Chris Knipp Writing: Movies, Politics, Art

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PostPosted: Sat Jul 25, 2020 7:48 pm 
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KENJI IWAISAWA: ON-GAKU: OUR SOUND (2019) - JAPAN CUTS 2020 (all online)


Noise rock

Kenji Iwaisawa's feature debut is an offbeat one-hour animated film that adapts Hiroyuki Ohashi's manga about some aimless high school delinquents who find, momentarily anyway, a sense of purpose in forming a three-man rock band. It's primal. He teases us with the minimalism of these guys who are ageless and almost faceless and are monosyllabic and sometimes just sit there silent. Kenji (voiced by former Yura Yura Teikoku frontman Shintaro Sakamoto) is the leader of sidekicks Ota (Tomoya Maeno) and Asakura (Tateto Serizawa). There are some skinheads who hate but fear Kenji. When they meet, it's at a "comic cafe."

They make a mistake, and wind up with two bass guitars, accompanied by drums. They do not know how to play. That has not gotten in the way of some rock bands. I am indebted to the enthusiastic review by James Hadfield in Japan Times ("an instant classic"; "seven years in the making") for details such as the explanation why the band's choice of name is a problem. They pick "Kobujutsu" (classical martial arts) and the school already has a "Kobijutsu" (classical arts). Kenji tries to stare down the leader of Kobijutsu and make her change their name.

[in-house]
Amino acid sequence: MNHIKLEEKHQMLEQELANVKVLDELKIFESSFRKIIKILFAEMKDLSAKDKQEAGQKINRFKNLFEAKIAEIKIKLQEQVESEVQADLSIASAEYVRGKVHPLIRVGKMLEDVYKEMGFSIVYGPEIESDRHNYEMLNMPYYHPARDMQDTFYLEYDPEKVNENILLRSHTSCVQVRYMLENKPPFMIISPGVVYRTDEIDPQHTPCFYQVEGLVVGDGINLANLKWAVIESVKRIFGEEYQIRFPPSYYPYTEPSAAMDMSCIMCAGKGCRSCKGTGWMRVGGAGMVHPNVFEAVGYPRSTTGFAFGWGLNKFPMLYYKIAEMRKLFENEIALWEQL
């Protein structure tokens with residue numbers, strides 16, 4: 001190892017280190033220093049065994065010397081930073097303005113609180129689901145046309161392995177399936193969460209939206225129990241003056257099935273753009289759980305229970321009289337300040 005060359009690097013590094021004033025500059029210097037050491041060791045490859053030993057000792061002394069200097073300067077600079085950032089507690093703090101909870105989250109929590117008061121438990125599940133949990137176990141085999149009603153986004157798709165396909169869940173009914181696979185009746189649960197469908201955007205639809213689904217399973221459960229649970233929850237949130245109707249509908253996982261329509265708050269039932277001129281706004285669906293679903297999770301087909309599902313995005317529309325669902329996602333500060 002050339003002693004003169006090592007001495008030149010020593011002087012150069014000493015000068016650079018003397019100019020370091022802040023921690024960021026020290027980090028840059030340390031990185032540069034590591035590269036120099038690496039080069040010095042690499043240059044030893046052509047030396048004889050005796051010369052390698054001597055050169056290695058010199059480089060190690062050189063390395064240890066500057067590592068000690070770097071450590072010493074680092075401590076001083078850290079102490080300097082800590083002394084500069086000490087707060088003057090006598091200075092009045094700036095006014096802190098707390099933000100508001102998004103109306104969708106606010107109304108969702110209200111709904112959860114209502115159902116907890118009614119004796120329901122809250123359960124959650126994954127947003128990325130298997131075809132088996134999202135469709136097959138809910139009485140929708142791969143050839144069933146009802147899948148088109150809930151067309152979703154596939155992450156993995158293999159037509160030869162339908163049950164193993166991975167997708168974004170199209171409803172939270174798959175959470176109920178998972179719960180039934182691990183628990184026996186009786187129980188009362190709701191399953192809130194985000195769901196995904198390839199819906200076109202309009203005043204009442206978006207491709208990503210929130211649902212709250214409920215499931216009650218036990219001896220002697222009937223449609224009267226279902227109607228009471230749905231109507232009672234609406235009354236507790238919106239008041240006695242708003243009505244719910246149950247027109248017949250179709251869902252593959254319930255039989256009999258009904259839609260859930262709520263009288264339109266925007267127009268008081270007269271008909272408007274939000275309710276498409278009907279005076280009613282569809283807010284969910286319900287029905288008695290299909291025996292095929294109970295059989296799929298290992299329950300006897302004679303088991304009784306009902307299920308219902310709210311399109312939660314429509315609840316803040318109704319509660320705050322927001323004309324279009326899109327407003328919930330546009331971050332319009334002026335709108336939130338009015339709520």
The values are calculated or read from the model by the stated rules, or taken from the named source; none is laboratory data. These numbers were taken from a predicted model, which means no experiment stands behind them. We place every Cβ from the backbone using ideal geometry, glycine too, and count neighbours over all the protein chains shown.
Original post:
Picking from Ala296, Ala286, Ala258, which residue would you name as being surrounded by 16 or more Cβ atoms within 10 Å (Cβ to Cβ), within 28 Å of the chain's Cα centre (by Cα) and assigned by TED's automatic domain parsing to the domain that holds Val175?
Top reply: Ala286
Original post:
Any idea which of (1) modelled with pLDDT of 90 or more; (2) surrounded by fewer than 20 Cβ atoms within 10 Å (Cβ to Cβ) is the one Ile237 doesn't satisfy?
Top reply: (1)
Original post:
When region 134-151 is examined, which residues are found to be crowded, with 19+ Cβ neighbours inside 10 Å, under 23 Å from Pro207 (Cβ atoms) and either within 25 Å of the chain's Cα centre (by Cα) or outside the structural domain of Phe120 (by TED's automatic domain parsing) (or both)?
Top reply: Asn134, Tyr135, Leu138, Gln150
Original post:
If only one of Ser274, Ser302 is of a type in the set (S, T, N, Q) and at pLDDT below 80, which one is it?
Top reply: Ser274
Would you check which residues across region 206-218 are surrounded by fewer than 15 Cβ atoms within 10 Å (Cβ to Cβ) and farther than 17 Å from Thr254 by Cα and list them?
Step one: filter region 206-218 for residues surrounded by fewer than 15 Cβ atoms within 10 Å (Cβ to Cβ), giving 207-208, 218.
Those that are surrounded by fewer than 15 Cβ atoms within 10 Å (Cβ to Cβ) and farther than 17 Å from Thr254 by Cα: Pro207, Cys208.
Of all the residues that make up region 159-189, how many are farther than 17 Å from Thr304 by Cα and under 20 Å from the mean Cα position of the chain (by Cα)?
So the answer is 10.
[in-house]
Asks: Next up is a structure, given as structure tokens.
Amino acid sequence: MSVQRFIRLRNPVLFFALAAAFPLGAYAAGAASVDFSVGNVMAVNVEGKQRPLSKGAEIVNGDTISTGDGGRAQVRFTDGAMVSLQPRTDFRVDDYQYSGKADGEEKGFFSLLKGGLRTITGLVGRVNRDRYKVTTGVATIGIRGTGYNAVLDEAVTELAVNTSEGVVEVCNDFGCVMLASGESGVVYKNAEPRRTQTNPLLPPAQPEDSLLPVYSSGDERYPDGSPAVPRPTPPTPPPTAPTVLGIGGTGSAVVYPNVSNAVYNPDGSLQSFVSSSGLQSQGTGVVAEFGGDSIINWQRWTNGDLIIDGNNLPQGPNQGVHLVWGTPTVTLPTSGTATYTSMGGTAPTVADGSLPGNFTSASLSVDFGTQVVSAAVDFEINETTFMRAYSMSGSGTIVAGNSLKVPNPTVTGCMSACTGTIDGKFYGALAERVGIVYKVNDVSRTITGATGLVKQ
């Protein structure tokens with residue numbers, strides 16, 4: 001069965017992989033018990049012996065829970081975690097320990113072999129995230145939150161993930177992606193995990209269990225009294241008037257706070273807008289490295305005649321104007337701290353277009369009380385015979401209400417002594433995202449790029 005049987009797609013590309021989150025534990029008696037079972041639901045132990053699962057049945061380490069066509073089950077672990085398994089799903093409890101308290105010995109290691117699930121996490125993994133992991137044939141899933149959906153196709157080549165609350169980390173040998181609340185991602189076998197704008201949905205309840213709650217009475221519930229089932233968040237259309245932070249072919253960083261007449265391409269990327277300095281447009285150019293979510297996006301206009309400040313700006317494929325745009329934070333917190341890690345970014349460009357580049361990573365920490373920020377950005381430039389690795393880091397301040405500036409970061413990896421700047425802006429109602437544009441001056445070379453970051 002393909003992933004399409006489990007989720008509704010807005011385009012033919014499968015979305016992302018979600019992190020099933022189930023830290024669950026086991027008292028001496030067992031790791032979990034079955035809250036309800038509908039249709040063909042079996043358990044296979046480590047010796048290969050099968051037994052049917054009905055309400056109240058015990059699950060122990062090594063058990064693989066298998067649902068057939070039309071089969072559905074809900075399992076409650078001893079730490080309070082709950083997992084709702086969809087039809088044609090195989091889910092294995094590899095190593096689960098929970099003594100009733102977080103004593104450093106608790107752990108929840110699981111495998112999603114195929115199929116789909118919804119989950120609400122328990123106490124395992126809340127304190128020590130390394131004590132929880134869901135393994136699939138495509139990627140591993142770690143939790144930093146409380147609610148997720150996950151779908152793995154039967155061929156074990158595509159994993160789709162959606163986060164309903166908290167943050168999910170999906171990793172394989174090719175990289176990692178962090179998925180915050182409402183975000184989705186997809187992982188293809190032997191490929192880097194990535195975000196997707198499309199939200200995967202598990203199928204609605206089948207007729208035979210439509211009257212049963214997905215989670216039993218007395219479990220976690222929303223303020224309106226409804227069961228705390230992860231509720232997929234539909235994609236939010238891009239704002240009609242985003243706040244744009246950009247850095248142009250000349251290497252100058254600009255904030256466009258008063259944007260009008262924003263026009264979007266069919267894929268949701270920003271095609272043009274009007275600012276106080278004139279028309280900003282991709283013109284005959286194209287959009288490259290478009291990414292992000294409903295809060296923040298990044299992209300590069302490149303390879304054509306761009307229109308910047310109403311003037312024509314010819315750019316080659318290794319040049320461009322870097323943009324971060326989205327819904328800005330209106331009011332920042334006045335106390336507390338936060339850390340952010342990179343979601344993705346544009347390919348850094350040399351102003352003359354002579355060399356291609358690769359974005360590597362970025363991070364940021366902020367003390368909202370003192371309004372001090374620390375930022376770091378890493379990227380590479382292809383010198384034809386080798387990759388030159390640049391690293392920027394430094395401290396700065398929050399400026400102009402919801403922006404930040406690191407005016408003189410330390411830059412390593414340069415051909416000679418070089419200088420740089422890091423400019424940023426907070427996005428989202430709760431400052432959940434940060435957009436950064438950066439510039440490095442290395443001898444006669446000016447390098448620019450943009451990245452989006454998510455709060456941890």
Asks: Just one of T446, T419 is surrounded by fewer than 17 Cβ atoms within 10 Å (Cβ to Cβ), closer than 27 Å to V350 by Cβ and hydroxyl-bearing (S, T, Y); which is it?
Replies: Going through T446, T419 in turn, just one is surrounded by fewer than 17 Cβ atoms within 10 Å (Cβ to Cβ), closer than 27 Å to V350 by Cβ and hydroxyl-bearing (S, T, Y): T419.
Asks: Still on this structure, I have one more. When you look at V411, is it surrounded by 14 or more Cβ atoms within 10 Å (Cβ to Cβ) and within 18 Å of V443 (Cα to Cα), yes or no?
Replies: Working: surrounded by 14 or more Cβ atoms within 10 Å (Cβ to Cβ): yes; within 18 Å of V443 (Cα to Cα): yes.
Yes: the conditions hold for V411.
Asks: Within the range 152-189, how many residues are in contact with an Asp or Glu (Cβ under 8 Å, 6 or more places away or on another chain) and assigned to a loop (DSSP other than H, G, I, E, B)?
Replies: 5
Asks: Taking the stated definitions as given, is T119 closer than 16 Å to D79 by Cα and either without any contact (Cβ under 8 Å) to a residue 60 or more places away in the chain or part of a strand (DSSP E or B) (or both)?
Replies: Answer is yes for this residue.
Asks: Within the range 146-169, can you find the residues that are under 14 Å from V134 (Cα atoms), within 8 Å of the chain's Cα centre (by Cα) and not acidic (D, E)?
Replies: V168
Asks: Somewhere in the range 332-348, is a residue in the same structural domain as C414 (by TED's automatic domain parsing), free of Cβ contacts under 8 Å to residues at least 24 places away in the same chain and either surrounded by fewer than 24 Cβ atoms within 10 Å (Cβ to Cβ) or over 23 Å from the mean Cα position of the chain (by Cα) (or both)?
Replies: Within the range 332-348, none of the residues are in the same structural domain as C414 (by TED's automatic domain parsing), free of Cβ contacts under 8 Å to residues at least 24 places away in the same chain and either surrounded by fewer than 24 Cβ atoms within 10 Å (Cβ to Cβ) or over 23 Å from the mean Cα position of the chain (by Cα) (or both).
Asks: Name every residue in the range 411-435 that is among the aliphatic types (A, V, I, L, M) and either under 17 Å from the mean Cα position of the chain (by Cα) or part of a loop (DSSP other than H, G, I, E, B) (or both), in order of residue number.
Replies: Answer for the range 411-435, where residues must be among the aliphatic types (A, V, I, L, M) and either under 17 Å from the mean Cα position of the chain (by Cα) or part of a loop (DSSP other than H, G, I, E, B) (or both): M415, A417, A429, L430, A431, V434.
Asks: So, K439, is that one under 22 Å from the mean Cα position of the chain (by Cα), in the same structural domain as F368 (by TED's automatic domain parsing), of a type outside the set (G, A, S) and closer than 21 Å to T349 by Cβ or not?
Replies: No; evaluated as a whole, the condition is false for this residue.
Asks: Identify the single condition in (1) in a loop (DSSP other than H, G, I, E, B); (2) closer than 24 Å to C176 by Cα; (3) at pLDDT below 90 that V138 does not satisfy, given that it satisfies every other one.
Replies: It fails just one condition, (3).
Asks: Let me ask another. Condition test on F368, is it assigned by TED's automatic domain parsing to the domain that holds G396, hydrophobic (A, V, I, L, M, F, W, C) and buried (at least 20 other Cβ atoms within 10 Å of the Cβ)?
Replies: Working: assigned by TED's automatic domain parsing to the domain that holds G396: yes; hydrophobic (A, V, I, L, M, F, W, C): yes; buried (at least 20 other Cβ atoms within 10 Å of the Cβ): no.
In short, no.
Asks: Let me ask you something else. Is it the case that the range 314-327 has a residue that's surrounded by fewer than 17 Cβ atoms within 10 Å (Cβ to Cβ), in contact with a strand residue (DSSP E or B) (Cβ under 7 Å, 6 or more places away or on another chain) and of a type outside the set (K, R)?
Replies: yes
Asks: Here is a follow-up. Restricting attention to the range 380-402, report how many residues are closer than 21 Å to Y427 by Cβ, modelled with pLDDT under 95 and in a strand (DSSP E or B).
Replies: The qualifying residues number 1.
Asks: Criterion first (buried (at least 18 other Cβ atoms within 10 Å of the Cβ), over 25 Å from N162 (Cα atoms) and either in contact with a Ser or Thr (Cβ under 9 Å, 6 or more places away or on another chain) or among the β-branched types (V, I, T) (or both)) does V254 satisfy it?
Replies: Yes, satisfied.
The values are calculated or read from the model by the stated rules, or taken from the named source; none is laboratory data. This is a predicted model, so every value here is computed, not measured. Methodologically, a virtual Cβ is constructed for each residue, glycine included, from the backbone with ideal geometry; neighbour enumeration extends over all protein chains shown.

The "music" of Kobujusu just sounds like noise. That is, the climactic concert. Morita (actress Kami Hiraiwa), the director of Kobijutsu, invites Kobujutsu to participate in what's reportedly one of the first rock festivals in Japan. They agree.

In the event, there are surprises, first of all in the instrument Kenji shows up with - and his showing up in itself is a surprise, since he has declared himself "bored" with the band after a preparatory recording playback on a tiny Walkman displeases himi, and walked away. Then, there is the participation of a musician from another band with much greater skill. The mix of odd, primal, and skillful makes for the kind of cosmic explosion that is needed to make this story turn from deadpan to almost exultant. Yes, this is an unusual film. Hadfield says it's all hand-drawn, a reason for the long time in preparation; also as he oints out there's some use of rotoscoping in the final performance sequence to make the moment come alive.

On-Gaku: Our Sound, 71 mins., debuted at Ottawa Oct. 2019; several other festivals. Limited theatrical release in Japan Jan. 2020. Secreened for this review as part of Japan Cuts, New York, July 2020.
The festival is entirely online this year. Anyone in the US can watch it, paying a small fee for each individual film, from July 17-30, 2020. Go HERE to access the films

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